Sharp Guy Q&A - Richard Taylor Woods, actor and Resident Director of Motown The Musical

There's hardly anyone that doesn't have a favourite Motown song. If it's not something from The Temptations or Four Tops, it will be something from The Supremes, Smokey Robinson or any of the other legendary acts that made up the scene. The music transcends generations, musical tastes and all the other constrictions that usually divide us.

Since February 2016, The Shaftesbury Theartre on London's West End has been home to Motown The Musical, which tells the story of Berry Gordy, the Motown Records founder, and the many struggles that came with getting the label off the ground. 

We sat down with Richard Taylor Woods, actor and resident director of Motown The Musical to talk about being part of this iconic show and his career to date.   

Tell us about Motown The Musical and the role you play in it 

So, Motown the Musical is a musical play telling the story of how the legendary music and entertainment company, Motown Records was founded. It follows the story of the man, Berry Gordy,  who discovered acts like The Temptations, Michael Jackson and The Jackson 5, Diana Ross and Stevie Wonder to name a few and how he fought a prejudiced and racist entertainment industry to put those acts on the path to fame, success and fortune.

In the production I play a varied selection of record executives, DJs, racist security guards, accountants and band managers. Pretty much all the characters that were against Motown and some that were white employees of Berry Gordy as he was actually very fair and not prejudiced at all.

What is the biggest challenge with being involved in such an iconic show?

The biggest challenge in a production like this is keeping it fresh and new every night. We do the show 8 times a week and we have to remember that the audience is seeing it for the first time and have paid good money to watch, so we owe that to them. I am also Resident Director for the show which means under the guidance of the associate director, it is my job to keep tabs on making sure we're running well.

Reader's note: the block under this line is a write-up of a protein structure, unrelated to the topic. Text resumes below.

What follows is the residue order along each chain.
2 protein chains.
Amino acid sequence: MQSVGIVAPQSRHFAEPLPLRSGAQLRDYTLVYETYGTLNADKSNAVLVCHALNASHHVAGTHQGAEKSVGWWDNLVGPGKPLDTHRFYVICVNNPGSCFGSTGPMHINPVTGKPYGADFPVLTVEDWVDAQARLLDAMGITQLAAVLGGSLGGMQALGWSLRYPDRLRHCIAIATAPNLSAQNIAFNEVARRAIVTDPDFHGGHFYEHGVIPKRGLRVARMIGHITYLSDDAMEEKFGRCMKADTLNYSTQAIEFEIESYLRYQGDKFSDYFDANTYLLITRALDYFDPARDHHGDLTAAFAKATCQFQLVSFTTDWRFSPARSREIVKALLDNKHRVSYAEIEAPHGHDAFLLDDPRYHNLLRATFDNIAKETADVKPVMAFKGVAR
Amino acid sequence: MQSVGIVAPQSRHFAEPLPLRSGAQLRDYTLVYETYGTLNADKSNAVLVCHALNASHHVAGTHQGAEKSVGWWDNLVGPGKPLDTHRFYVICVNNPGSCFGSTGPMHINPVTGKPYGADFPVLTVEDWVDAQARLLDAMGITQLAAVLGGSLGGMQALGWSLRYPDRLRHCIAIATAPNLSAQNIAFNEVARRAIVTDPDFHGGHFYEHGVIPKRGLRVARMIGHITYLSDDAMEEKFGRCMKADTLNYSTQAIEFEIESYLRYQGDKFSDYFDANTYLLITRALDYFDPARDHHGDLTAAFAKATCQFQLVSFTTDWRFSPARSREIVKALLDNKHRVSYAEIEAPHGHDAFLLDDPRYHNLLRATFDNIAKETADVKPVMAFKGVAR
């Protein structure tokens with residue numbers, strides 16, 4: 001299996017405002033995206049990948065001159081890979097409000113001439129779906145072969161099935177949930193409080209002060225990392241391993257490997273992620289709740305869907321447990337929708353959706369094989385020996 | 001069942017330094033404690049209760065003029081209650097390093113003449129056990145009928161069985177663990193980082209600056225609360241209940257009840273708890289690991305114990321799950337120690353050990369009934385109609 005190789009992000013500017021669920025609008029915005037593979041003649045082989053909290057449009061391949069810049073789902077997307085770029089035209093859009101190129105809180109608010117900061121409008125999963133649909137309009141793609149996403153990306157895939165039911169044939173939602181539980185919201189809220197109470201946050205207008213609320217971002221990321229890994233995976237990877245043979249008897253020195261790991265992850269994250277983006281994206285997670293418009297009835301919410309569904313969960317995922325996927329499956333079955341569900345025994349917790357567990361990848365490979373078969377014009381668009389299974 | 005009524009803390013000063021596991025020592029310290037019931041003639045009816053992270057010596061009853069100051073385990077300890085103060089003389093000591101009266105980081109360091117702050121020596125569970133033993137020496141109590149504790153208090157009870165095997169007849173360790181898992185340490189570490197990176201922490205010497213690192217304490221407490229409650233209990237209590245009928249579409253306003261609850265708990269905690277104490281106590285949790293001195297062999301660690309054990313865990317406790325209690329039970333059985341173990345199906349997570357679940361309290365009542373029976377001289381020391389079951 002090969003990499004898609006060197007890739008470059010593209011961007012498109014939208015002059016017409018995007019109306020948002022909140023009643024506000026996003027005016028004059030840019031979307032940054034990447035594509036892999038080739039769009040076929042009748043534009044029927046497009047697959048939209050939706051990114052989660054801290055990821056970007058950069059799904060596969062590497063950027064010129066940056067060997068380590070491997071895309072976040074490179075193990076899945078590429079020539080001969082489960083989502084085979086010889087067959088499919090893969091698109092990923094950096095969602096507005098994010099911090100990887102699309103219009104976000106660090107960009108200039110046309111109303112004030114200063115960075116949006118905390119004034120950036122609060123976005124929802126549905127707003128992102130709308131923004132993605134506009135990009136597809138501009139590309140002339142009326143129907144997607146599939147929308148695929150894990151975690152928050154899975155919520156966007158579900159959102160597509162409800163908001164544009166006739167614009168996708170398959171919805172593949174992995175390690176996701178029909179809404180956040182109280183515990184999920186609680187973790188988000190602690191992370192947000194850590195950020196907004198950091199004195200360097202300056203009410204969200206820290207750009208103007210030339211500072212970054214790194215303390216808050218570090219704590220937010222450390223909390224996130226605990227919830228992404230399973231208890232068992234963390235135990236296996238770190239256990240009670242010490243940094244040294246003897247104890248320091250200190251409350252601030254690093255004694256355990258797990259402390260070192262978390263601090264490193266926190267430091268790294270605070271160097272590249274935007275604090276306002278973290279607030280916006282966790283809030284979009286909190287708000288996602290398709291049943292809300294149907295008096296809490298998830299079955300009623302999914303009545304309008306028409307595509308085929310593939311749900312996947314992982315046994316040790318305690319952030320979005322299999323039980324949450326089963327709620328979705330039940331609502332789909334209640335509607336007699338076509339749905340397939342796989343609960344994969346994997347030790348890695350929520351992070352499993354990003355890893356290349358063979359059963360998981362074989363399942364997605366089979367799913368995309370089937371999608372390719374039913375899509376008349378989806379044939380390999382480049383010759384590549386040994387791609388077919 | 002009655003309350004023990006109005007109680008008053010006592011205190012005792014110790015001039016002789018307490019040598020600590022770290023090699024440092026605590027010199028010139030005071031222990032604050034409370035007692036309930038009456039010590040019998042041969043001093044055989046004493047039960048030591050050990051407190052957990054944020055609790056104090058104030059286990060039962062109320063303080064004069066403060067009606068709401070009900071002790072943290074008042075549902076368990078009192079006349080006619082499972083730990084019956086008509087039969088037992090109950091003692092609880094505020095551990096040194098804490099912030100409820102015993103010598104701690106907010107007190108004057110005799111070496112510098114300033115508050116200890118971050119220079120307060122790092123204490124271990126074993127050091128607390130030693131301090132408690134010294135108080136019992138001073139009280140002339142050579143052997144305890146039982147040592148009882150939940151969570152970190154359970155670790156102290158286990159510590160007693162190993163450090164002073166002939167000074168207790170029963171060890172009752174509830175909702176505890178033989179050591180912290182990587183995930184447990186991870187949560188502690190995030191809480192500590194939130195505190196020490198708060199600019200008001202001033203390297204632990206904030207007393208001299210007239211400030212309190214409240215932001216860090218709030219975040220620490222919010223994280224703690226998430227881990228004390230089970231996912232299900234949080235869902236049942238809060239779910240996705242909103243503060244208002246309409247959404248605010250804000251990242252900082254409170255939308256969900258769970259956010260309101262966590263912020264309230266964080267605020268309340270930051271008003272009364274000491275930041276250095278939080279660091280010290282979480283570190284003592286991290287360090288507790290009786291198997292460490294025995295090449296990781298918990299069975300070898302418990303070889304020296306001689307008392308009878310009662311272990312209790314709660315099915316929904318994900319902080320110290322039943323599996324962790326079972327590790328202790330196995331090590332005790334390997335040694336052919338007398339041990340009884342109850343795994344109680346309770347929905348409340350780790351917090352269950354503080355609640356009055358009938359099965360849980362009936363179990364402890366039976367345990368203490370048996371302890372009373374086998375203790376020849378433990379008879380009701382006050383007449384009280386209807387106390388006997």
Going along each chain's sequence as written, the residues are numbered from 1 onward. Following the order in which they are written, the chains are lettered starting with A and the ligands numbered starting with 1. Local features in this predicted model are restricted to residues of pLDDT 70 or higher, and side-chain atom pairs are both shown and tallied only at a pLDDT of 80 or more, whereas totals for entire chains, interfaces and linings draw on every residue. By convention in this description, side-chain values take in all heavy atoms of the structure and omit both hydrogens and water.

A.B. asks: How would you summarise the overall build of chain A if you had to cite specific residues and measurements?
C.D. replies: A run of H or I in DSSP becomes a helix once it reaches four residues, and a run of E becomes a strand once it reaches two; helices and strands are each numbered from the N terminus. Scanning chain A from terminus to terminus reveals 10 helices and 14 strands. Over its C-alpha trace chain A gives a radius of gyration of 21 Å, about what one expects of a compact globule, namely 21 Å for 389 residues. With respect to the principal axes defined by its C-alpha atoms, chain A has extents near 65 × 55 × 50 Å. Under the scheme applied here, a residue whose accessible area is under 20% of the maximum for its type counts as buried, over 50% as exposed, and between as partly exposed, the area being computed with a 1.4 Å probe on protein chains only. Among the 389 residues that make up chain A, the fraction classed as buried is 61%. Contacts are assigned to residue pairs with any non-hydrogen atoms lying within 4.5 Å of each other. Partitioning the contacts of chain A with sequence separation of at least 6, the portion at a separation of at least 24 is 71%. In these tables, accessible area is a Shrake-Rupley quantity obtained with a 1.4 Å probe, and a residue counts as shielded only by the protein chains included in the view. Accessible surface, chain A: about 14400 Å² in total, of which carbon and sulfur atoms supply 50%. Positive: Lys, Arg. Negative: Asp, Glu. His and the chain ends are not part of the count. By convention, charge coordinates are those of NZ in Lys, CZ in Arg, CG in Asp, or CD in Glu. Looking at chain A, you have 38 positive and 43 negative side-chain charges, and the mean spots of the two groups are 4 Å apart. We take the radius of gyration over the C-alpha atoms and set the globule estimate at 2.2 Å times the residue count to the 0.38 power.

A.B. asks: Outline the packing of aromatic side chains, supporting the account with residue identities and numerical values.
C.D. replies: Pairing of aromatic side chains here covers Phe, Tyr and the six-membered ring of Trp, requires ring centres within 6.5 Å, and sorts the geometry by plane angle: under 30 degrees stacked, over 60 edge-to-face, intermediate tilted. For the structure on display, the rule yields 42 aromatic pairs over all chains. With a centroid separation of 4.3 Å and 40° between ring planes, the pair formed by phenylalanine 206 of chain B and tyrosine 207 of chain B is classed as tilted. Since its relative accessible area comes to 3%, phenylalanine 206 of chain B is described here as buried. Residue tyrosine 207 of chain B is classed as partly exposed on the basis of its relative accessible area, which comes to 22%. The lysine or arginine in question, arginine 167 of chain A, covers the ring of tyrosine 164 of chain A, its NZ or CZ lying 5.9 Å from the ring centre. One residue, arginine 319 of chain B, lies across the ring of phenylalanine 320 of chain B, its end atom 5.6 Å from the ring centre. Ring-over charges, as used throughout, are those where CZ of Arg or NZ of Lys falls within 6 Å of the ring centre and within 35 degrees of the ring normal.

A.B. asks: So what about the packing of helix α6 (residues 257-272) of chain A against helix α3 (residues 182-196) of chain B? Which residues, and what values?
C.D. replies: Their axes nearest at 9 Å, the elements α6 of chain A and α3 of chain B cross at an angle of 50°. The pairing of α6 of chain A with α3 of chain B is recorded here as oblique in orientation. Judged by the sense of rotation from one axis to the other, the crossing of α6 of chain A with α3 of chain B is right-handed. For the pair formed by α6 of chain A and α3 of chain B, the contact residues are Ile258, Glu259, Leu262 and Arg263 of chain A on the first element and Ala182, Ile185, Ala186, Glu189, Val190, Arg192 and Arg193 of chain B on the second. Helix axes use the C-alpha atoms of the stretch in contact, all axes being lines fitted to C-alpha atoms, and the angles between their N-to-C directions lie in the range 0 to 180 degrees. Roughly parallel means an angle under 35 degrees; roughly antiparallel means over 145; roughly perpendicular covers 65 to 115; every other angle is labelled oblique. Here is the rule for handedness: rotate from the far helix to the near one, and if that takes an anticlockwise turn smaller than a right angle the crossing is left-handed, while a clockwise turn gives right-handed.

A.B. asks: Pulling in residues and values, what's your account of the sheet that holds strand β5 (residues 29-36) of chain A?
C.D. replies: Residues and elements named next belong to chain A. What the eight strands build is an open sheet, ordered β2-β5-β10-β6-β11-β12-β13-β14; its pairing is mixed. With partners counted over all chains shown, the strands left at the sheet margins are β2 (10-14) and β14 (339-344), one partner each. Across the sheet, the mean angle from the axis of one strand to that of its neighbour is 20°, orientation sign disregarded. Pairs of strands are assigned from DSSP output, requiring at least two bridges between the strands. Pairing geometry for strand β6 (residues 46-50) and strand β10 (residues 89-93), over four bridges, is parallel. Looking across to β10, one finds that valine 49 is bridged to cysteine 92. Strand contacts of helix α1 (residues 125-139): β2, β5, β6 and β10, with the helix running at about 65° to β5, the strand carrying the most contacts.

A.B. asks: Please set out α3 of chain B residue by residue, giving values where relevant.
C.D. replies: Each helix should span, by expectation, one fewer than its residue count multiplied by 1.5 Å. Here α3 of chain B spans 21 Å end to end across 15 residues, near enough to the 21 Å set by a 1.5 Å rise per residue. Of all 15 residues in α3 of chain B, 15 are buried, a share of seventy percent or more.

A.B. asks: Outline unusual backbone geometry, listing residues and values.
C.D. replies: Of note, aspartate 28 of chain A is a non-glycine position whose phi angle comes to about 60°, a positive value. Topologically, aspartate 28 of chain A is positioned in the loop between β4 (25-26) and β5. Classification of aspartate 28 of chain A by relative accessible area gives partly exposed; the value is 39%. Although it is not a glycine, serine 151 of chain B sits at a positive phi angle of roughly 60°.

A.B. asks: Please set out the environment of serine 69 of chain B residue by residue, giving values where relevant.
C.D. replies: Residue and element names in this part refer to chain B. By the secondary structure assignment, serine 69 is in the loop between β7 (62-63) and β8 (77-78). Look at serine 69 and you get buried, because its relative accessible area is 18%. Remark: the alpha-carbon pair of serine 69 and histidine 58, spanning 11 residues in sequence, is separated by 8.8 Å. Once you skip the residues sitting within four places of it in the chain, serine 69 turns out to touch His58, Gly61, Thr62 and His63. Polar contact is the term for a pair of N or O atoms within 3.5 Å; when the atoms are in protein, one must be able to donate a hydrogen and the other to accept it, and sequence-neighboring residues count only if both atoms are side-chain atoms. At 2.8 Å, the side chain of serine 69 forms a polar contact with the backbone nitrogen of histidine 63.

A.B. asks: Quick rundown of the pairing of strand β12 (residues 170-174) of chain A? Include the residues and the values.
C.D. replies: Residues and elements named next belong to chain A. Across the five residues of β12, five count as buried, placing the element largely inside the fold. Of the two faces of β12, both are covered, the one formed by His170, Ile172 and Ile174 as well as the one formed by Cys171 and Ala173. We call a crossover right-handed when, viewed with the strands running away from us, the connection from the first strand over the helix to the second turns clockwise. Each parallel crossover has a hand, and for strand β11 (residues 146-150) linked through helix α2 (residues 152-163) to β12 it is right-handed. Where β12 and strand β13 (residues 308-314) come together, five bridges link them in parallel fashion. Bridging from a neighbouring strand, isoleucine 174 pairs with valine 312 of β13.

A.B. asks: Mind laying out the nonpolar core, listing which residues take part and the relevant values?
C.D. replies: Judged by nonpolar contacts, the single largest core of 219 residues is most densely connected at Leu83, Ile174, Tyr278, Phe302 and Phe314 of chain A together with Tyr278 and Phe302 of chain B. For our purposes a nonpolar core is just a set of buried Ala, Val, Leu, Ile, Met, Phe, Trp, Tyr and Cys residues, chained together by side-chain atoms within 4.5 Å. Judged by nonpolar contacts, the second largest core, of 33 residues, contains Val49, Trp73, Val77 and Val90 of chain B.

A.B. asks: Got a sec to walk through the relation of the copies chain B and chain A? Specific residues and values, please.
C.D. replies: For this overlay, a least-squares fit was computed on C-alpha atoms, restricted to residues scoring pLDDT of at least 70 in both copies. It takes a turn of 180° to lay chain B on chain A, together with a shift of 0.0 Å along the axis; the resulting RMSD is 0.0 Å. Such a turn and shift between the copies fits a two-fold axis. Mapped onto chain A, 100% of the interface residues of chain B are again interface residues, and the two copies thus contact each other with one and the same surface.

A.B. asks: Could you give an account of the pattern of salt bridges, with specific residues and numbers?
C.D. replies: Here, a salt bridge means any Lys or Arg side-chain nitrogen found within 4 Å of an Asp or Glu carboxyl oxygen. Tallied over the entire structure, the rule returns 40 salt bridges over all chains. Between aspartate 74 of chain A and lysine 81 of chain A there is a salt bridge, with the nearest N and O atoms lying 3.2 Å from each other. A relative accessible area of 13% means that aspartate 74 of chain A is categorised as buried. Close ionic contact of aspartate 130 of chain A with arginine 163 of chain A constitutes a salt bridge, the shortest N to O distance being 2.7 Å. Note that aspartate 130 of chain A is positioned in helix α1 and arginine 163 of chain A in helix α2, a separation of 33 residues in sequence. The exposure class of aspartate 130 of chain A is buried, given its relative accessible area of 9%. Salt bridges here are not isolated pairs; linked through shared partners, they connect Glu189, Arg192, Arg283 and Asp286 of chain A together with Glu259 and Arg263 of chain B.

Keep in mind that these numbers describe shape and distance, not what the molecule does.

What is the biggest reward?

The biggest reward to be honest is appreciating that I get paid for doing what I love and wanted to do from a young age. You can't put a price on that. It's invaluable. 

How did you get into theatre?

I got into theatre on an open audition which anybody can attend from a newspaper (The Stage Newspaper). I always wanted to be a performer but sidestepped the drama school route which I would have loved to attend. I would have liked to have gone to RADA to learn intensely the technique of acting and value the prestige of what is one of the top drama schools in the U.K., If not the world. But I got a West End job by massive chance and never looked back. The job was a musical about a fictional boyband called Boyband the Musical which ran at the Gielgud Theatre in 1999. 

We were then given a record deal and released a single under the name Britpack. There are some videos on YouTube if you are interested. That was my first big job. We did the Smash Hits tour with Westlife and S Club 7 and did TV shows like Ant and Dec's SMTV. We got to 41 in the UK charts and got dropped by the label. By then I had an agent and began auditioning for other shows. 

How have things changed between when you started in theatre and now?

The biggest change from when I started in the business is that the amount of actors just gets bigger. The influx of reality TV means even more people are being offered entertainment jobs and perhaps people not even really qualified for such positions win roles. It can be frustrating when one feels they have paid their dues and a part goes to a person who has been on a talent show for 5 mins. 

If you could give yourself at the beginning of your career some advice, what would you say?

Advice to myself as a young actor starting would be to be humble, be confident(not arrogant) be prepared that there will always be someone doing better than you and not to compare your career to someone else's. Be happy with your choices, don't take a job and moan about it for the contract. Hold off and wait for something you really want. 

What does the future hold for you?

The future will hold Motown until March 2018 and then it'll be auditions and seeing what comes up next! It's the best and worst thing about being an actor in equal measure. You never know what's around the corner but you never know what might be around the corner! 

Motown The Musical is running at The Shaftesbury Theatre until March 2018. Tickets are available here. 

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